Hand-off

Projects can be handed over to organisations with a greater focus, capability, or resource to accelerate technology progression and commercialisation.

Hand-off could be into delivery partners such as industry.

Tip: To efficiently hand off the project to a delivery partner, you need a clear understanding of the sector and technology. Building a network, understanding the project’s USP and mapping your innovation ecosystem
are crucial.

Previous

Next

Contents

Repeat and develop

Commercialisation roadmapping

The aim of this stage is to develop an understanding of the key issues driving
success in taking the technology to market.

Repeat and develop

  • Regulatory & compliance
  • Market entry & adoption
  • Financing & exit points
  • Quality assurance
  • Manufacturability
  • Reimbursing options
  • Profit models
  • Product staging

Repeat and develop

Your team can then use this information to turn the value proposition into funding bids or pitches to industry partners.
 

Commercialisation roadmapping has three main areas:​

  • Identifying late stage development requirements,
    for example market entry and adoption, reimbursement, product staging, and manufacture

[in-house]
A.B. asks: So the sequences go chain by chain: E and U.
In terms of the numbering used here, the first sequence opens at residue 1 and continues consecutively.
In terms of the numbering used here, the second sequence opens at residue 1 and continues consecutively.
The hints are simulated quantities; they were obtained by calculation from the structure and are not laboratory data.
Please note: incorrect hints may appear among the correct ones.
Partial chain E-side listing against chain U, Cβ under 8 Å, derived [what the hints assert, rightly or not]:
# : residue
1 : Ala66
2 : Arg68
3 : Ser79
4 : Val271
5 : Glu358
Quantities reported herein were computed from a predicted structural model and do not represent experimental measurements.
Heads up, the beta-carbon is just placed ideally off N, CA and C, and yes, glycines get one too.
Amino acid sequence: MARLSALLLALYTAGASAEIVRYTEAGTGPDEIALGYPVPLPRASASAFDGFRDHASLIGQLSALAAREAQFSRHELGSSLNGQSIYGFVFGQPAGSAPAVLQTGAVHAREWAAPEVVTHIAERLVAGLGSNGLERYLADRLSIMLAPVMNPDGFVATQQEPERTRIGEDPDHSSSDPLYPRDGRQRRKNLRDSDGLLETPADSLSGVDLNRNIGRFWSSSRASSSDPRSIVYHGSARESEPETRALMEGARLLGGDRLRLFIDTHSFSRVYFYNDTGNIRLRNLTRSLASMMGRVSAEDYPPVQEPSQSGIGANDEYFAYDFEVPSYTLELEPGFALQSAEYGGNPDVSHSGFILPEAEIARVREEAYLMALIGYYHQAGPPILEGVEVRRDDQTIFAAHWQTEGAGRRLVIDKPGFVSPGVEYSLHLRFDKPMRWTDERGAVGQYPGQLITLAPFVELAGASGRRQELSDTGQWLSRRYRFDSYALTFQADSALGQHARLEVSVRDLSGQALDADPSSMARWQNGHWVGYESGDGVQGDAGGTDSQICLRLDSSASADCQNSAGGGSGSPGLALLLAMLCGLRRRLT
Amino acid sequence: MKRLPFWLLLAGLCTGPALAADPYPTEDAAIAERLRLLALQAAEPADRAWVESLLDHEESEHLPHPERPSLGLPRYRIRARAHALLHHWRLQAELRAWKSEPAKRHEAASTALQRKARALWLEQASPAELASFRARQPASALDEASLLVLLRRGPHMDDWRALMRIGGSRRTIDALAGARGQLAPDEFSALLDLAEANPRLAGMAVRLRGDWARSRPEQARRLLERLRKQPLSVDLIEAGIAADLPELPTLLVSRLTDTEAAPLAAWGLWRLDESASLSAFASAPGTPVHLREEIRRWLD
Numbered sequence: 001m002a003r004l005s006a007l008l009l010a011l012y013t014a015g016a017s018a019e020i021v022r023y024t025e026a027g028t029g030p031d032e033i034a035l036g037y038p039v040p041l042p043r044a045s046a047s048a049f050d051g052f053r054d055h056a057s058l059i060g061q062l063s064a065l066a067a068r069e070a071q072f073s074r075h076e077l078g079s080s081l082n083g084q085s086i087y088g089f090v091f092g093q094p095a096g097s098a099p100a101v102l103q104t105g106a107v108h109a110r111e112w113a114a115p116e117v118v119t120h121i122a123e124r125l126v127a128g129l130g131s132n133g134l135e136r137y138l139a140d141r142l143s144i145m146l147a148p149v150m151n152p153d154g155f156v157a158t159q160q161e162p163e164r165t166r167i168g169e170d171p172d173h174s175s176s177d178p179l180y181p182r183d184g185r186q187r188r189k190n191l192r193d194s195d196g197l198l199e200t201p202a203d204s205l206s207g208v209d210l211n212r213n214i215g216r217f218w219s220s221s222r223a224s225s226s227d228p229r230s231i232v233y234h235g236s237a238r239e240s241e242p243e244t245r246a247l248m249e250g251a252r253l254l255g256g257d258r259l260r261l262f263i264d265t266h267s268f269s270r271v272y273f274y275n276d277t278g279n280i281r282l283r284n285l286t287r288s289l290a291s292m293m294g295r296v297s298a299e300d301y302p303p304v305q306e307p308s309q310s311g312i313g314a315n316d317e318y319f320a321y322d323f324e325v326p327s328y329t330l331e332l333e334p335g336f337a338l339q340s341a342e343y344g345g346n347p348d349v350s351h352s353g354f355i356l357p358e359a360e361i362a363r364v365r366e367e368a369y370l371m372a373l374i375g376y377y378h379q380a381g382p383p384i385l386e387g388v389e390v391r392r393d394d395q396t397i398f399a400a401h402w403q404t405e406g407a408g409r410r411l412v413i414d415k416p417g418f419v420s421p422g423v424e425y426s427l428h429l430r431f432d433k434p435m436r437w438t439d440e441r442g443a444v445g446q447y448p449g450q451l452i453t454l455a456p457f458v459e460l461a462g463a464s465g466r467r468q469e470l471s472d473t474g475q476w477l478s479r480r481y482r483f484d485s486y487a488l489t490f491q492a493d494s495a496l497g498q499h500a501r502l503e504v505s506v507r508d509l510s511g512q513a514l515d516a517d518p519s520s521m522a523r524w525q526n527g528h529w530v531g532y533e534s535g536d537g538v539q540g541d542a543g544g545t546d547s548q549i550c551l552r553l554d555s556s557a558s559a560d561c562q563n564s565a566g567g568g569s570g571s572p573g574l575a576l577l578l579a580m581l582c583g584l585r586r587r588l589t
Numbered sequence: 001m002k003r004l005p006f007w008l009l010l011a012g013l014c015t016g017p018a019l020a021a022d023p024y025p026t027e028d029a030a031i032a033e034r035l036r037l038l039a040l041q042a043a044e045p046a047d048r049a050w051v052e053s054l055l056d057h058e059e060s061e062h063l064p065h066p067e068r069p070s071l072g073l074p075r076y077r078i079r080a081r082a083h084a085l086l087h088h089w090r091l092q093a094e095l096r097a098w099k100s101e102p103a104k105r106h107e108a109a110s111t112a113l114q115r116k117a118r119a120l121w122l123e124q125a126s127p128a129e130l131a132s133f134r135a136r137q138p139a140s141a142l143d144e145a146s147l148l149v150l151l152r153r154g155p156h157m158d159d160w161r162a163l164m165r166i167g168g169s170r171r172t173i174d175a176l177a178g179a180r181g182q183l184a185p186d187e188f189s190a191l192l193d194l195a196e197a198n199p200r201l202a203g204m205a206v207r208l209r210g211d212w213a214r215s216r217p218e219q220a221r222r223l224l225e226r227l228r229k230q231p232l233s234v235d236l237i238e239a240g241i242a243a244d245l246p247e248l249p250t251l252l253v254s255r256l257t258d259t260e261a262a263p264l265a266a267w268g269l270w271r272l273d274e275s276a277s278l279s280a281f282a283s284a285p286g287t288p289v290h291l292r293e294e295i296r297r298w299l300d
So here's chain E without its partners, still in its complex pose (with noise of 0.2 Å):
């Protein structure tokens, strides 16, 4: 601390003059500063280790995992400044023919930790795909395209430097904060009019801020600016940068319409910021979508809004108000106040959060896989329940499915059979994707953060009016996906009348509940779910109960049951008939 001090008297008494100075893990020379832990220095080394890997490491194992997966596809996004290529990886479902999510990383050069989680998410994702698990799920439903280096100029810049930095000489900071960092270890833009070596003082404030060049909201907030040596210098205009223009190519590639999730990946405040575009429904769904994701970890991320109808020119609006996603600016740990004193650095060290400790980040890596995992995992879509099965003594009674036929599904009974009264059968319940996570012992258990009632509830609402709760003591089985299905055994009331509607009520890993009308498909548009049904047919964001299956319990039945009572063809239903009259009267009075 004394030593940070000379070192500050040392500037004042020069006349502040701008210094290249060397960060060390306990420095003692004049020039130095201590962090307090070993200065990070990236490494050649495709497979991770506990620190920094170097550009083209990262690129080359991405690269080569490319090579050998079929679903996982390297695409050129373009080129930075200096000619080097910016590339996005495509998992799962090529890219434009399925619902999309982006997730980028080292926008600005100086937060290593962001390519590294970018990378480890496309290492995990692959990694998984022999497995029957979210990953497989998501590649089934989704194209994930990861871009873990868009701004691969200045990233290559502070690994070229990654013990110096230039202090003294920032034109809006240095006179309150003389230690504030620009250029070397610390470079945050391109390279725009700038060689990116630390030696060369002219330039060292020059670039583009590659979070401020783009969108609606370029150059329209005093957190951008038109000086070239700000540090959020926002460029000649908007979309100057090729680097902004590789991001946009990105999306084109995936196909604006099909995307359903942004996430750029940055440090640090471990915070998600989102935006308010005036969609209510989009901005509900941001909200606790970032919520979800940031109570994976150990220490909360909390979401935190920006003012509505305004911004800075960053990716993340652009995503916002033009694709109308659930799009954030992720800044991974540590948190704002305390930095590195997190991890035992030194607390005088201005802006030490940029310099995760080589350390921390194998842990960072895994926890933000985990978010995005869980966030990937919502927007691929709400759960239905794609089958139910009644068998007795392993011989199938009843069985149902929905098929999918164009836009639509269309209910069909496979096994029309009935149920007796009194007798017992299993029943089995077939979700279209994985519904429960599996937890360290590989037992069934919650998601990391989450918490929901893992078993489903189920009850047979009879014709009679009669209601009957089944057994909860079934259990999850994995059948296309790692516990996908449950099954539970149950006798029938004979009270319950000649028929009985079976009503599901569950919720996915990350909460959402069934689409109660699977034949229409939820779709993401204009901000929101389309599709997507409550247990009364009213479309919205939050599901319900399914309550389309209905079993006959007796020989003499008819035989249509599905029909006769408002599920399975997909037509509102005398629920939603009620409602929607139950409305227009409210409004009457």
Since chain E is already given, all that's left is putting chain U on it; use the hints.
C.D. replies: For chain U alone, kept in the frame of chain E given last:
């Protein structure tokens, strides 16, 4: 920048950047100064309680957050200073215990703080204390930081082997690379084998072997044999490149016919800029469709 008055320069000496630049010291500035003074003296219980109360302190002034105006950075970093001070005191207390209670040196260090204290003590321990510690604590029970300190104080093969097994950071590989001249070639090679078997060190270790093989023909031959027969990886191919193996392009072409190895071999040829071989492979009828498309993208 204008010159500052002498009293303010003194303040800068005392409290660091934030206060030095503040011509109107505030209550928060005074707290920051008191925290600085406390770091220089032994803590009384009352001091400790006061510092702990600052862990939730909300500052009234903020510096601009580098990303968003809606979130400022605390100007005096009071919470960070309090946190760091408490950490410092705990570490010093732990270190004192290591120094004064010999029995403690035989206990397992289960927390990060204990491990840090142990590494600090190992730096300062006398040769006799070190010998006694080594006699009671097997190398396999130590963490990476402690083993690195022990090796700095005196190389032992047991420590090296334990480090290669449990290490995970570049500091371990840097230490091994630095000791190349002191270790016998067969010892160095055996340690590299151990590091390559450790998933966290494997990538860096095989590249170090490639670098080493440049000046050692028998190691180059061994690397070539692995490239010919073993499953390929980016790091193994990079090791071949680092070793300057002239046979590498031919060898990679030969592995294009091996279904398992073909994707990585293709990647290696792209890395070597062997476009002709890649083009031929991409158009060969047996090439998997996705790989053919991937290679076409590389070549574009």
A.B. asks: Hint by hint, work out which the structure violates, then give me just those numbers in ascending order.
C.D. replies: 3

• Identifying route to market – and associated challenges – including staging research and technology development along the innovation journey, obtaining regulatory approval, and managing intellectual property
     
  • Identifying and engaging with partners who can help develop and promote the technology: including industrial partners, end-user or supply chain champions, and key opinion leaders. Project teams are then able to use this greater awareness, and links to potential partners, to further develop their commercialisation roadmapping.

 


 

  • Research
  • Technology
  • Regulatory
  • Intellectual property
  • Commercial

     



 

  • Industrial partners
  • User champions
  • Key opinion leaders


     

End

If a project is assessed to have no market opportunity, no user need, has too many technical risks, will be expensive to produce, or has a weak IP position, it should be ended early.

 

Tips on helping to end project opportunities:

  • Be clear from the outset about what success looks like
     
  • Continue to engage with the project pioneer, scoping for new opportunities;
    it’s the end of the project but not the relationship